Best places to watch the race: Rialto but you must get there quite early, Riva del Vin or just around Rialto Mercato.

Venice Frittelle (Frittole) by Marco Secchi

frittele of St Giuseppe, pastry typical of mar...Ok Ok I know Christmas and New Year are still here, but we have to think ahead and ahead in sweets terms means: Frittelle…Frittole..Fritoe, or fritters, are the most famous dolci or sweets of  Venice during the Carnival Season.

Frittelle begin showing up in pastry shops, Cafes and  bakeries, mid January and  during the weeks leading up to il Carnevale di Venezia. When Carnival is over, frittelle disappear from the store windows almost as quickly as tourists in masks.

Frittelle come in a variety of styles, both filled and unfilled, the available choices usually include:

Frittelle veneziane. No filling, but with raisins and pine nuts mixed into the fairly heavy dough. After frying, the frittelle are rolled in granulated sugar.

Frittelle con crema chantilly. Filled with a light vanilla-flavored pastry cream and rolled in granulated sugar.

Frittelle con cioccolata. Filled with a mild chocolate-flavoured pastry cream and rolled in granulated sugar.

Frittelle con zabaione. Filled with a Marsala-flavored pastry cream and rolled in granulated sugar.

The most famous and renowned places where to get the Frittelle (and my votes) are:

  • Pasticceria Tonolo: Contrada San pantalon in Dorsoduro 10/10
  • Pasticceria Didovitch: Campo Santa Marina     9/10
  • Pasticceria Bonifacio Calle degli Albanesi San Marco 4/10 (uncooked)
  • Panifico Fornareto Calle del Forner Cannaregio  8/10
  • Coffe Pasticceria Pitteri Strada Nuova Cannaregio  9/10 but poor Cappuccino!
  • Dal Mas  Cannaregio Rio Terà Lista de Spagna, 150  8/10
  • Rosa Salva  (5/10)

The worst Frittelle (IMHO)

  • Majer (San Giacomo dell’Orio) : just one word Terrible!!!

Last year prices were around 1.00 and 1.30 Euro each  but I have seen also a few outrageous 1.50

Santo Stefano Celebration in Venice by Marco Secchi

VENICE, ITALY - DECEMBER 26:  Rowers dressed in XVI century costumes escort a live nativity scene, whilst ferrying them in a gondola from St Mark's to the Island of S Giorgio on December 26, 2011 in Venice, Italy.  The event is in its first year wants and to replicate an ancient tradition when the Doge of Venice used to go to the Island of S Giorgio to celebrate the relics of Santo Stefano on Boxing Day. (Marco Secchi/Getty Images)Gondoliers dressed in 16th century costumes ferry people performing a Nativity scene from St Mark's to the Island of San Giorgio.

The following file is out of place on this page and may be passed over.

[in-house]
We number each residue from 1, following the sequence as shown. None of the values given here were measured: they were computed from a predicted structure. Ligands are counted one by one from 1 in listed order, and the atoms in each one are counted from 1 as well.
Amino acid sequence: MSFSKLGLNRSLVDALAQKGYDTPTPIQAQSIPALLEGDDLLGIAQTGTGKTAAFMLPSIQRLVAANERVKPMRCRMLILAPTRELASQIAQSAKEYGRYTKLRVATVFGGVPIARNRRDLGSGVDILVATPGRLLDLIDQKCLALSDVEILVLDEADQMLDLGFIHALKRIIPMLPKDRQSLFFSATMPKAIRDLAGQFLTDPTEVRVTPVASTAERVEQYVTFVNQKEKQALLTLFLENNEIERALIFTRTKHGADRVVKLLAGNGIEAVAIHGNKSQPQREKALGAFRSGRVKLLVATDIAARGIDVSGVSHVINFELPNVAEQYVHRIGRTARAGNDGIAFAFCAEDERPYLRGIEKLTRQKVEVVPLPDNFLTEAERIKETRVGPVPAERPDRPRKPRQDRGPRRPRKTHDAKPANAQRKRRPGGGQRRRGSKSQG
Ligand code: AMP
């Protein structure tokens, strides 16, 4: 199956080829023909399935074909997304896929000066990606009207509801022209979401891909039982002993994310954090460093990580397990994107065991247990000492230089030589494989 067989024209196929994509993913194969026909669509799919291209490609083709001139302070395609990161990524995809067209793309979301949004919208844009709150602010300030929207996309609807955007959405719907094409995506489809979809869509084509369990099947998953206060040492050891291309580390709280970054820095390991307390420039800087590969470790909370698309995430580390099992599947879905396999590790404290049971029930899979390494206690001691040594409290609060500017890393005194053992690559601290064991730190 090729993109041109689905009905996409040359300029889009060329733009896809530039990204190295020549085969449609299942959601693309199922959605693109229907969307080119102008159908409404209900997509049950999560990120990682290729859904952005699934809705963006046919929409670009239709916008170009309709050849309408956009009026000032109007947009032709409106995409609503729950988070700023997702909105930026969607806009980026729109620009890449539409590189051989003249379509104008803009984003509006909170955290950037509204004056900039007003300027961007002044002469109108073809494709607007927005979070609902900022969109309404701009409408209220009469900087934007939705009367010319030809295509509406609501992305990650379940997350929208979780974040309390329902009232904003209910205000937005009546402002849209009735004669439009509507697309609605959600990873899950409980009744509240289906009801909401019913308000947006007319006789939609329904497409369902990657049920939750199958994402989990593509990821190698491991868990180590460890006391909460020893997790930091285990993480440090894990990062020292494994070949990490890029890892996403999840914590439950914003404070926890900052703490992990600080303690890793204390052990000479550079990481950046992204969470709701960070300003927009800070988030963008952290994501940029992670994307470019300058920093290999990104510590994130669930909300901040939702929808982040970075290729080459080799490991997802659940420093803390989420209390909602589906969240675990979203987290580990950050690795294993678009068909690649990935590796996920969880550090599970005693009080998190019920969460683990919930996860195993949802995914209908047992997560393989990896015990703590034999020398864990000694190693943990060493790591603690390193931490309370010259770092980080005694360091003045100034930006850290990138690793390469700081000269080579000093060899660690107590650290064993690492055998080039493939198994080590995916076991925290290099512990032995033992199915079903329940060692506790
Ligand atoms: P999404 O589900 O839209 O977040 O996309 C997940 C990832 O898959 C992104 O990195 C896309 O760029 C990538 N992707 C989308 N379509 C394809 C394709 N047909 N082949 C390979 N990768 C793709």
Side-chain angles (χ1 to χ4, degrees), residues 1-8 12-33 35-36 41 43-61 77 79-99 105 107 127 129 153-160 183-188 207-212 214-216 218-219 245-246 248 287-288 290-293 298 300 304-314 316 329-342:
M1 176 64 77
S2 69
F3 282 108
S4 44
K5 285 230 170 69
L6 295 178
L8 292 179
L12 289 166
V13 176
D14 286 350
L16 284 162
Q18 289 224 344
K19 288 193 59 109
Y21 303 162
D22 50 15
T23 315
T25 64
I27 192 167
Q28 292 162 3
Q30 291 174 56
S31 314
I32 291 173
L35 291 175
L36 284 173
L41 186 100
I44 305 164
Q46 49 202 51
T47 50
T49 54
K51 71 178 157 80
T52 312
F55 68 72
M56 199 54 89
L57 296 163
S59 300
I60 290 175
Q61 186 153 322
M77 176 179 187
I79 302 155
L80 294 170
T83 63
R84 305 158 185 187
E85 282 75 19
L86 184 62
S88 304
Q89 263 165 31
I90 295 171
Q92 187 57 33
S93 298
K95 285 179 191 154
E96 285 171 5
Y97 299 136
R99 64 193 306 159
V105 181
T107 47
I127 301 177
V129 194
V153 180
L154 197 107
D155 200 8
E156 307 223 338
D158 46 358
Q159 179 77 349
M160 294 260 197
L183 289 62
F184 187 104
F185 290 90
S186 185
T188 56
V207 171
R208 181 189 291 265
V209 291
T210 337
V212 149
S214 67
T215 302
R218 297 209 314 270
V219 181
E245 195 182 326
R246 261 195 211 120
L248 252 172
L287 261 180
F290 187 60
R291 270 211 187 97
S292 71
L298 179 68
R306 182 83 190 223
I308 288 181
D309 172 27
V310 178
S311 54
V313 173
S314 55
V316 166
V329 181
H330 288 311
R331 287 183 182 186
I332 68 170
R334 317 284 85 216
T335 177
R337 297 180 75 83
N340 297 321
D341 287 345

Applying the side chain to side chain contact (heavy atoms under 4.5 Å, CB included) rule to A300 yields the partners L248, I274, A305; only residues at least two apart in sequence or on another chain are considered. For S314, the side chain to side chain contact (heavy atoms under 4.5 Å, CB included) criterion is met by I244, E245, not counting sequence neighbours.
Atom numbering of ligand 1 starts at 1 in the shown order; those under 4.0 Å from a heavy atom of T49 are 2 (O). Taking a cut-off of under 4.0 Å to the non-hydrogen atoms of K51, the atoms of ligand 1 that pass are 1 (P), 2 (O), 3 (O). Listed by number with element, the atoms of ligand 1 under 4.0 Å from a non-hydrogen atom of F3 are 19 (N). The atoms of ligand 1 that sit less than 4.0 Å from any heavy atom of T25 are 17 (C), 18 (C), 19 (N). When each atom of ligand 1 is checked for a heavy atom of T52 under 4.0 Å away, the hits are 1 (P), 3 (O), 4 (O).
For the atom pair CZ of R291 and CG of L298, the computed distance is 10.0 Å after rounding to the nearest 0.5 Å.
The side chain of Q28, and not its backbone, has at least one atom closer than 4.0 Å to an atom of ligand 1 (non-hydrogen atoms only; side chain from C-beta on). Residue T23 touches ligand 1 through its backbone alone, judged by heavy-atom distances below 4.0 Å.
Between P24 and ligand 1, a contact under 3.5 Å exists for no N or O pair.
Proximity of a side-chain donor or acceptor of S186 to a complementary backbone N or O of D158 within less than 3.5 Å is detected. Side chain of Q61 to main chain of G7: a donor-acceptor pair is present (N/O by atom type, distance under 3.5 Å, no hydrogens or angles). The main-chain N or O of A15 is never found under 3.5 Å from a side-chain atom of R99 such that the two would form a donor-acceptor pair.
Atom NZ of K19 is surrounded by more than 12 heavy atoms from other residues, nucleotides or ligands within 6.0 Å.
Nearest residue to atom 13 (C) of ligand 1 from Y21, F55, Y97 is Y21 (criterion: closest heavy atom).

The event, in its first year, replicates the ancient tradition when the Doge of Venice used to travel to the Island of San Giorgio on Boxing Day to celebrate the relics of Santo Stefano.

Christmas Holidays by Marco Secchi

NOALE, ITALY - DECEMBER 18:  Participants dressed as Father Christmas take part in the Noale Sant Run on December 18, 2011 in Noale, Italy. Close to two thousand people participated in the third annual Noale Santa Run, one of the largest non competitive Santa Run in Italy. (Marco Secchi)NOALE, ITALY - DECEMBER 18: Participants dressed as Father Christmas take part in the Noale Sant Run on December 18, 2011 in Noale, Italy. Close to two thousand people participated in the third annual Noale Santa Run, one of the largest non competitive Santa Run in Italy.

Can a Muslim say happy Christmas to his friends? As a Muslim I get asked this question all the time during this period . Often I get even told off by some good doer Mullah acting for the Islamic Police!  As I have done for so many years now, once again, I extend these wishes from around the globe, to you all Merry Christmas to my Christian friends and Happy Hanukkah to my Jewish friends

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Saffron Buns by Marco Secchi

Saffron BunsThis blog is about Venice and Photography not Scandinavia....but I think that due to the connection between St Lucy and Venice this recipe is a must!

The secret to making these mildly sweet pastries—based on a recipe given to us by Gunilla von Heland, a food editor in Stockholm—is to steep the saffron in hot milk before incorporating it.




2 1?4-oz. packages active dry yeast 2 cups milk, heated to 115° 2 tsp. saffron, lightly crushed 3?4 cup plus 1 tsp. sugar 6 1?2 cups flour 3?4 tsp. kosher salt 3 eggs 12 tbsp. unsalted butter, cut into 1?2" cubes, softened Canola oil, for greasing 64 raisins, for garnish